Or a pauper.

Or a trout. I should know: my cheek is a little sore, too.

I’ll be right back.

Jamie Kirkpatrick is a writer and photographer with homes in Chestertown and Bethesda. His work has appeared in the Washington Post, the Baltimore Sun, the Pittsburgh Post-Gazette, the Philadelphia Inquirer, the Washington College Alumni Magazine, and American Cowboy magazine. “A Place to Stand,” a book of photographs and essays about Landon School, was published by the Chester River Press in 2015.  A collection of his essays titled “Musing Right Along” was published in May 2017; a second volume of Musings entitled “I’ll Be Right Back” was released in June 2018.  Jamie’s website is www.musingjamie.com

Taos Pueblo by Jamie Kirkpatrick

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There is one more thin place I want to revisit with you. It’s not in Mother Africa like Kilimanjaro, nor in Old Europe like the Piazza Navona. It’s here in what some of us mistakenly refer to as the ‘New World,’ but don’t be fooled: this, too, is a very old place, much older, in fact, than the first white men who came to this remote corner of the world seeking refuge and riches, power and position. Like other thin places—places where heaven and earth almost gently touch—it is both suspended in time and very much alive, a place of stillness that nevertheless buzzes with ancient energy. It is both dreamlike and real, a museum-like window into the past but also a place that is still very present in the lives of the 150 people who live there.

In 1992, the United Nations (UNESCO) designated the Taos Pueblo a “World Heritage Site.” By then, the pueblo was already almost a thousand years old. Sited amid the Taos Mountains in the Sangre de Cristo Range in northern New Mexico, it is one of the eight Northern Pueblos inhabited by people who speak variants of the Tanoan language. (There are also ten Southern Pueblo communities in New Mexico, linked to the northern pueblos by culture but not by language.) Perhaps because it is the northernmost and most remote pueblo, Taos is distinct. It is by far the most conservative, private, and secretive of all the Pueblo communities; the rituals and rites of the kivas—the underground ceremonial chambers used by all of the Pueblo People—are rarely, if ever, shared with outsiders.

It has always been this way. A few years ago, I spent several months in the region researching an event known as the Pueblo Revolt. Also known as Popé’s Rebellion, the revolt took place in 1680 and in many ways, it was the first truly American revolution, an uprising of indigenous people against a colonizing power, in this case, the Spanish settlers and missionaries in the province of Santa Fe de Nuevo México, present day New Mexico. The uprising began in the Taos Pueblo and was guided by Popé (pronounced po-PAY), a mystical holy man who ingeniously planned and orchestrated the revolt which left over 400 Spaniards dead and expelled the remaining 2,000 settlers from the province. Popé promised the people of the pueblos that once the Spanish were gone from the land, their ancient gods would return them to health and prosperity. That mystical belief empowered the revolt and you can still feel its shrouded legacy today.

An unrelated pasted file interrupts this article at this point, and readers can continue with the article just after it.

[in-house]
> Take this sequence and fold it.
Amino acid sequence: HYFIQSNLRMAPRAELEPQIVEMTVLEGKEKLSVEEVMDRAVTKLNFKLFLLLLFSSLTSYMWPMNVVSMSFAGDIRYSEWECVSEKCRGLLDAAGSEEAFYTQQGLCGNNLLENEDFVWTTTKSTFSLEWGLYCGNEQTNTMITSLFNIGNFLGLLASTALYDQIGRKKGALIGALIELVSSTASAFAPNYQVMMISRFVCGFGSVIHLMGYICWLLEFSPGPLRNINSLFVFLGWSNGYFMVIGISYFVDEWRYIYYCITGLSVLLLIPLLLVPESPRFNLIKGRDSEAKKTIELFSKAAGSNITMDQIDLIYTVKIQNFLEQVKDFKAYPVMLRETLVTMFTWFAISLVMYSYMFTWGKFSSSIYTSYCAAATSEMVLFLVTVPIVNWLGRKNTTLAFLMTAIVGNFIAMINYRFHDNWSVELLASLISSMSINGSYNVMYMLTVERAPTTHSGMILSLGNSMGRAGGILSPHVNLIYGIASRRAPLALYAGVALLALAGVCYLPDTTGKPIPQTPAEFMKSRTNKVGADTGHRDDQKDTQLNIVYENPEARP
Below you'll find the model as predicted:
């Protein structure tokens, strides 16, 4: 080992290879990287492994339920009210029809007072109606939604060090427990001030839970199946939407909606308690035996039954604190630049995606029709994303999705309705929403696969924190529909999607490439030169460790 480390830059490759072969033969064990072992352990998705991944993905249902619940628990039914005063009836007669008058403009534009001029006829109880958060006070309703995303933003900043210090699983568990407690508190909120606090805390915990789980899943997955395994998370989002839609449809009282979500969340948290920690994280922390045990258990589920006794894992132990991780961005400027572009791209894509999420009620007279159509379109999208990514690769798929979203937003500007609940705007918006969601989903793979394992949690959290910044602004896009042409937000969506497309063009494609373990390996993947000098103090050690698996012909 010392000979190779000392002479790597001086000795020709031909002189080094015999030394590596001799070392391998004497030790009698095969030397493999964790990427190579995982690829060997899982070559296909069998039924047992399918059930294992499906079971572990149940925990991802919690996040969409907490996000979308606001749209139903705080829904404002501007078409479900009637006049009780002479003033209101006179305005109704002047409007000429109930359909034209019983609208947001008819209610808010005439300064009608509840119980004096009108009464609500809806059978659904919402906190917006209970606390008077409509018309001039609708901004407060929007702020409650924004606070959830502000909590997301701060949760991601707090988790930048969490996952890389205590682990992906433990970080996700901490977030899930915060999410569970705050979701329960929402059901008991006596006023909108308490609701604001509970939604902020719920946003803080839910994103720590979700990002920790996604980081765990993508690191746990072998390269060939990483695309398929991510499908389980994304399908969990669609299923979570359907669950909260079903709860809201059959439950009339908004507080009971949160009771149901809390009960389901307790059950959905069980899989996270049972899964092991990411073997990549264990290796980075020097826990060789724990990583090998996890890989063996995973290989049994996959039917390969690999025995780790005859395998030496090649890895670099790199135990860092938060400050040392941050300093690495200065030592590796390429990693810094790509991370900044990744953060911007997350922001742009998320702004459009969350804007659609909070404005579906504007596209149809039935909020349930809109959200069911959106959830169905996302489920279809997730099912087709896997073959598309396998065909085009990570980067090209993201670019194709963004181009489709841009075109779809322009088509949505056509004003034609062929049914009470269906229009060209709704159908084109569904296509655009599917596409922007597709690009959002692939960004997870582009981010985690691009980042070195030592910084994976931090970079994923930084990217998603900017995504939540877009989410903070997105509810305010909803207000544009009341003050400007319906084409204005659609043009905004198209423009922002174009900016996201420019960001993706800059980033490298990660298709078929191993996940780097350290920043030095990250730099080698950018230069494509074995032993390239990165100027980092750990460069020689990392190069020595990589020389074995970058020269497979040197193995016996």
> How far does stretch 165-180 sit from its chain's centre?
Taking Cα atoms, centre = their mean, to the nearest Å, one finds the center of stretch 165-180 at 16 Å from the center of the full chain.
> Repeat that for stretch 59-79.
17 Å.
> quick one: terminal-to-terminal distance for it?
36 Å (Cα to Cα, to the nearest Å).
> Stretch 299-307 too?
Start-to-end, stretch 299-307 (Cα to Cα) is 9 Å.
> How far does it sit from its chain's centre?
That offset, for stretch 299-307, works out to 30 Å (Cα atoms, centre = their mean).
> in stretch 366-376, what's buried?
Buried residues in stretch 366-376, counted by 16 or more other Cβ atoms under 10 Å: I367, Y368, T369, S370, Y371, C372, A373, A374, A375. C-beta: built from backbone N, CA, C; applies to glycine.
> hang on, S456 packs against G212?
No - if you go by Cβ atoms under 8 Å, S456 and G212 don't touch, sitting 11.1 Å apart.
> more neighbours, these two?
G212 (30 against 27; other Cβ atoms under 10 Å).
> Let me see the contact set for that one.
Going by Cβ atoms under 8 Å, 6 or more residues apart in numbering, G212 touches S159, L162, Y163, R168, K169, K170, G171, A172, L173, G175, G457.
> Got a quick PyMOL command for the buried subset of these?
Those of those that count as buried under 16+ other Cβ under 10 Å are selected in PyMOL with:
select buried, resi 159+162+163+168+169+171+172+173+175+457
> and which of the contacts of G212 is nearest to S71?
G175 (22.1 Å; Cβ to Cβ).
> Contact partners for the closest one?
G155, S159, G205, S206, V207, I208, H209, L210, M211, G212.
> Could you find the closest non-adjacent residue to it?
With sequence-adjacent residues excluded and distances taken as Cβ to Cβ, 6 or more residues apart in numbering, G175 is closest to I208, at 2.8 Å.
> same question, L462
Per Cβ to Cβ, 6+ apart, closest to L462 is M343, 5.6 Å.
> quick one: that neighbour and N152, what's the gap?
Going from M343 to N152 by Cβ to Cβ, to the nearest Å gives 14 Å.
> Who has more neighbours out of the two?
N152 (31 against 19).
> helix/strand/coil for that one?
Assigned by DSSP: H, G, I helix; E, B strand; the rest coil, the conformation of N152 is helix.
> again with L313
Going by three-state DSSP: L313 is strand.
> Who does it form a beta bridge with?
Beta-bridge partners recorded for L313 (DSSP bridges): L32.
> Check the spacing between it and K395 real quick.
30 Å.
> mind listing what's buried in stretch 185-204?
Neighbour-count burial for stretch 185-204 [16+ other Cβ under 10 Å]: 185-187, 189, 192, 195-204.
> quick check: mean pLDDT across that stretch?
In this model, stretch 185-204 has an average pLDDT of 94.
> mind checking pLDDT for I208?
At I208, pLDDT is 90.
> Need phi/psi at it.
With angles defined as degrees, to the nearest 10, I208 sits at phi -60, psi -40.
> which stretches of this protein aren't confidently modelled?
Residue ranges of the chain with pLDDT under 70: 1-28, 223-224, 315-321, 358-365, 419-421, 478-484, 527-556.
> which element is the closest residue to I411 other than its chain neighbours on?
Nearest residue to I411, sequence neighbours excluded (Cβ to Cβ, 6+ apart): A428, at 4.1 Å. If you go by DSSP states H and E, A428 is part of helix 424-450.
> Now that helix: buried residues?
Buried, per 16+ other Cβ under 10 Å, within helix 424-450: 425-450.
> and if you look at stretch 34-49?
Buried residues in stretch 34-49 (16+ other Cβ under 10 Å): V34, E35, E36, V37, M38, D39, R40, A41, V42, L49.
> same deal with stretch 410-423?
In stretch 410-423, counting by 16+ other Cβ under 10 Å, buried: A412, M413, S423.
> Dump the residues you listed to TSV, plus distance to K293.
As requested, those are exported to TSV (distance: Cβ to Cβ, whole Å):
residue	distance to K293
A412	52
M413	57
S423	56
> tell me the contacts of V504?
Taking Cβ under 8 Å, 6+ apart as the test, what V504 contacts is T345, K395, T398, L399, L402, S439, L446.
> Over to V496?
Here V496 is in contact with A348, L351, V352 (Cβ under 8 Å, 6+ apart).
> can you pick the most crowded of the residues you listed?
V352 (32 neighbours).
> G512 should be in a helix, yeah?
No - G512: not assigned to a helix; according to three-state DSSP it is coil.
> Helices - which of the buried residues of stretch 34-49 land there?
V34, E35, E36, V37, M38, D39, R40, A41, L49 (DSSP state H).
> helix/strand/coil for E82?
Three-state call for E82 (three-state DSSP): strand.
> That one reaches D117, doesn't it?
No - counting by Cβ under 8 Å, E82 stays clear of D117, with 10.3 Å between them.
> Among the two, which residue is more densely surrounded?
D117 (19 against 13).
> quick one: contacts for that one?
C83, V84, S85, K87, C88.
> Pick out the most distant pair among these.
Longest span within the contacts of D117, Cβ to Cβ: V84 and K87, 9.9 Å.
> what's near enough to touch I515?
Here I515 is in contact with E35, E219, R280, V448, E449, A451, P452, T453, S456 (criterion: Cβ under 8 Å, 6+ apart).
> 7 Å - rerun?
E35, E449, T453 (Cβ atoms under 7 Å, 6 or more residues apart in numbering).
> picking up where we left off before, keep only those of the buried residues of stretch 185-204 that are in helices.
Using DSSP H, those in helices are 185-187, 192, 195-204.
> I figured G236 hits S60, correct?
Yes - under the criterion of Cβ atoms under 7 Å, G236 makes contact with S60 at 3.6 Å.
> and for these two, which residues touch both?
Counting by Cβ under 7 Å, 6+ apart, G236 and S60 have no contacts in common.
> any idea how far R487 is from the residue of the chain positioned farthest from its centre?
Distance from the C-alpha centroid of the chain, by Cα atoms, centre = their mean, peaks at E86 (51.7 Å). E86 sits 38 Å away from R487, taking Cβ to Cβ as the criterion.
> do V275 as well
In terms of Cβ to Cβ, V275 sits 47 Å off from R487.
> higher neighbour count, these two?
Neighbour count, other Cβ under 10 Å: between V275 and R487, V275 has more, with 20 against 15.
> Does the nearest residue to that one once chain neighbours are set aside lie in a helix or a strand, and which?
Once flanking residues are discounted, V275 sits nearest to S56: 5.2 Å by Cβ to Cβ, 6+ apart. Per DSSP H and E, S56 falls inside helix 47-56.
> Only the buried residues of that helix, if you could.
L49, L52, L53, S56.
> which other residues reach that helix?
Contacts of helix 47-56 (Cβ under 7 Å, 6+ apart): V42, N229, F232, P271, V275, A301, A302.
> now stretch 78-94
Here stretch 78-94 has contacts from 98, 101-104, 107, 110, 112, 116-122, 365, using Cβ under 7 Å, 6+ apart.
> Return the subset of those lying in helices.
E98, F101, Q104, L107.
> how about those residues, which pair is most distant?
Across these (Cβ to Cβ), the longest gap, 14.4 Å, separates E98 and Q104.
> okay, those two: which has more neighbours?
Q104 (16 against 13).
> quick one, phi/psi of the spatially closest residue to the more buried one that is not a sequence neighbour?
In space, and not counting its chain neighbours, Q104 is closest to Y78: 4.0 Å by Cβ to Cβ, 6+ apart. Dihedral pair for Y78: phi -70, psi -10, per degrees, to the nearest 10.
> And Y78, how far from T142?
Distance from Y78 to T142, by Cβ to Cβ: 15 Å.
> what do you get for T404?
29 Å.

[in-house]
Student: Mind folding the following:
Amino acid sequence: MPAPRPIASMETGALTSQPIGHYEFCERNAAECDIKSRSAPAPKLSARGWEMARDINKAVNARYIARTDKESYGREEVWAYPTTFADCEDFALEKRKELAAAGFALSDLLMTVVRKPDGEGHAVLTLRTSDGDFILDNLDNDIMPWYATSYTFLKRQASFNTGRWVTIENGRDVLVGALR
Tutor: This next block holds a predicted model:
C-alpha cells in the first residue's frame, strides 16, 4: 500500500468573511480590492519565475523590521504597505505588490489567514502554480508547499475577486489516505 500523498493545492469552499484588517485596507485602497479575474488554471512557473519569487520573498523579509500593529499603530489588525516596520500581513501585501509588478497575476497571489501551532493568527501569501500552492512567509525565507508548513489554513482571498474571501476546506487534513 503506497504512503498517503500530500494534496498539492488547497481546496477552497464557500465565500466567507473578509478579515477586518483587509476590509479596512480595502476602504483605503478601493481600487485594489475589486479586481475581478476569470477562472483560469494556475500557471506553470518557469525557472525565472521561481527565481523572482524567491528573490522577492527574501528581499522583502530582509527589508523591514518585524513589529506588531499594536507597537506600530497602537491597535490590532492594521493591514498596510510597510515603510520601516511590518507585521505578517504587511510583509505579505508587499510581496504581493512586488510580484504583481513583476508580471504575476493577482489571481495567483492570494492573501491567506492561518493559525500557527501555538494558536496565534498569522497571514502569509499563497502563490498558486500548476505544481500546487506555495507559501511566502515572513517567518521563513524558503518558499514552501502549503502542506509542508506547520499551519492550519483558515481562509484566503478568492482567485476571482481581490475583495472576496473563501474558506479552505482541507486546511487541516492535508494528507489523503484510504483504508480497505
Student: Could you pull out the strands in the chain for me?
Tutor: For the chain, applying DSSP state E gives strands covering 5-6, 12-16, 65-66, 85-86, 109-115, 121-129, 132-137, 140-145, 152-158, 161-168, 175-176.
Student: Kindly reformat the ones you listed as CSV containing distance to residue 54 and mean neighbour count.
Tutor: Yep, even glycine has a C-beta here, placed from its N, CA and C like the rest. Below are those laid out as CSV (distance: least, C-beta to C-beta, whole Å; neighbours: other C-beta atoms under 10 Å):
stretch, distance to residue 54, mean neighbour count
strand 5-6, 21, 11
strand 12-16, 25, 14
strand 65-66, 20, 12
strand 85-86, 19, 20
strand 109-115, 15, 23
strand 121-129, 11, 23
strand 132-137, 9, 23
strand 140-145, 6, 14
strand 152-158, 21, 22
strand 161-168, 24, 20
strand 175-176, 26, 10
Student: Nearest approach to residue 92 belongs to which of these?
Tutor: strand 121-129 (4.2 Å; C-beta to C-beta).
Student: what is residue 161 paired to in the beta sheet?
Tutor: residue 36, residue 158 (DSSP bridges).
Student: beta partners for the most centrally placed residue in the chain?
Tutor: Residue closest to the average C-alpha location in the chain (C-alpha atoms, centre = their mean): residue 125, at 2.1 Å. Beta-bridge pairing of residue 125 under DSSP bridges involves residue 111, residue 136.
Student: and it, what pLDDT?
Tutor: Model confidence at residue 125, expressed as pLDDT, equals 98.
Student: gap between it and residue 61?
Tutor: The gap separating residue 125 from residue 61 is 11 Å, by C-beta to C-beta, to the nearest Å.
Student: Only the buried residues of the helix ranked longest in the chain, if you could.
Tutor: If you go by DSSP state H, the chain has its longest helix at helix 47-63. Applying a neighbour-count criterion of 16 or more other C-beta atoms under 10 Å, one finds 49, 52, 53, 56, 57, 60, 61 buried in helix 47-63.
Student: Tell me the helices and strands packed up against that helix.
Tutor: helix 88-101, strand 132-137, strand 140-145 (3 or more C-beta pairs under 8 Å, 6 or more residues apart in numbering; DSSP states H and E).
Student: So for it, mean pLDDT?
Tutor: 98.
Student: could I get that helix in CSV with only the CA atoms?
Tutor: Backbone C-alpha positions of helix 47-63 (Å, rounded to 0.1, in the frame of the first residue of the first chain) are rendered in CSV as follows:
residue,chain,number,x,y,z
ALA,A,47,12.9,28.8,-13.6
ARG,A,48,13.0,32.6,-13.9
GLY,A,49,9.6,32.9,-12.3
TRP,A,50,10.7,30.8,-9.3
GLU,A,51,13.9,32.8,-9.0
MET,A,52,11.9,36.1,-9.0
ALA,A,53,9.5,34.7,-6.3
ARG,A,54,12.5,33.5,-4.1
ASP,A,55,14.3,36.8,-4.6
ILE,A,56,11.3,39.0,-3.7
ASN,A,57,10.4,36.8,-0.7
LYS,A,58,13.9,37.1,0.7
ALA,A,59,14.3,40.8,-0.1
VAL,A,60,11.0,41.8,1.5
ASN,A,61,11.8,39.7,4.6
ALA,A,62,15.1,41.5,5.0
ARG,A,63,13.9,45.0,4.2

(Historical footnote: in the rotunda of the US Capitol, each state is entitled to two statues of historical import. For years, there were only 99 statues in the Rotunda; New Mexico had only one. Its second statues was finally added in 2005; it depicts Popé, his back scarred by Spanish lashes and in his left hand, he holds the knotted cord he used as a secret way of timing and initiating the revolt among all the distant peoples of the southern and northern Pueblos.)

Today, there are two sprawling apartment-like dwellings in Taos Pueblo, North House and South House, as well as a maze of dead-end alleys that wind through the village. Built of adobe and two, sometimes three, stories tall, the great houses face each other across a expansive, open plaza that is bisected by Red Willow Creek, a thin band of water flowing out of the sacred Blue Lake up in the mountains, the ancestral home of the Taos people. On many days, the Pueblo is open to visitors but on Feast Days or, for that matter, on any other day deemed important by its current inhabitants, it is off-limits to the outside world.

I’ve spent many hours in the Pueblo, sitting quietly by the creek, sketching the interplay of light and shadow emanating from the high cumulus clouds that hover over the backdrop of mountains, or just wandering where I am permitted. People are polite but not necessarily welcoming; I understand their wariness. They have been bruised by the world around them but yet they remain willing to share their thin place with us…up to a point, but no further.

According to legend, Taos women used to rub mica into the adobe walls of the Pueblo to make them shine. Some think that maybe it was this trick of light that caused early Spanish explorers to first come to the pueblo in their search for the fabled Seven Cities of Gold. Whatever the reason, that first encounter set in motion a chain of events that are still moving forward today. But, to me, the true power of the Taos Pueblo lies in its natural splendor, its spiritual peace, and the mysterious pulsating energies of heaven and earth that delineate a truly thin place.

I’ll be right back.

Jamie Kirkpatrick is a writer and photographer with homes in Chestertown and Bethesda. His work has appeared in the Washington Post, the Baltimore Sun, the Pittsburgh Post-Gazette, the Philadelphia Inquirer, the Washington College Alumni Magazine, and American Cowboy magazine. “A Place to Stand,” a book of photographs and essays about Landon School, was published by the Chester River Press in 2015.  A collection of his essays titled “Musing Right Along” was published in May 2017; a second volume of Musings entitled “I’ll Be Right Back” was released in June 2018.  Jamie’s website is www.musingjamie.com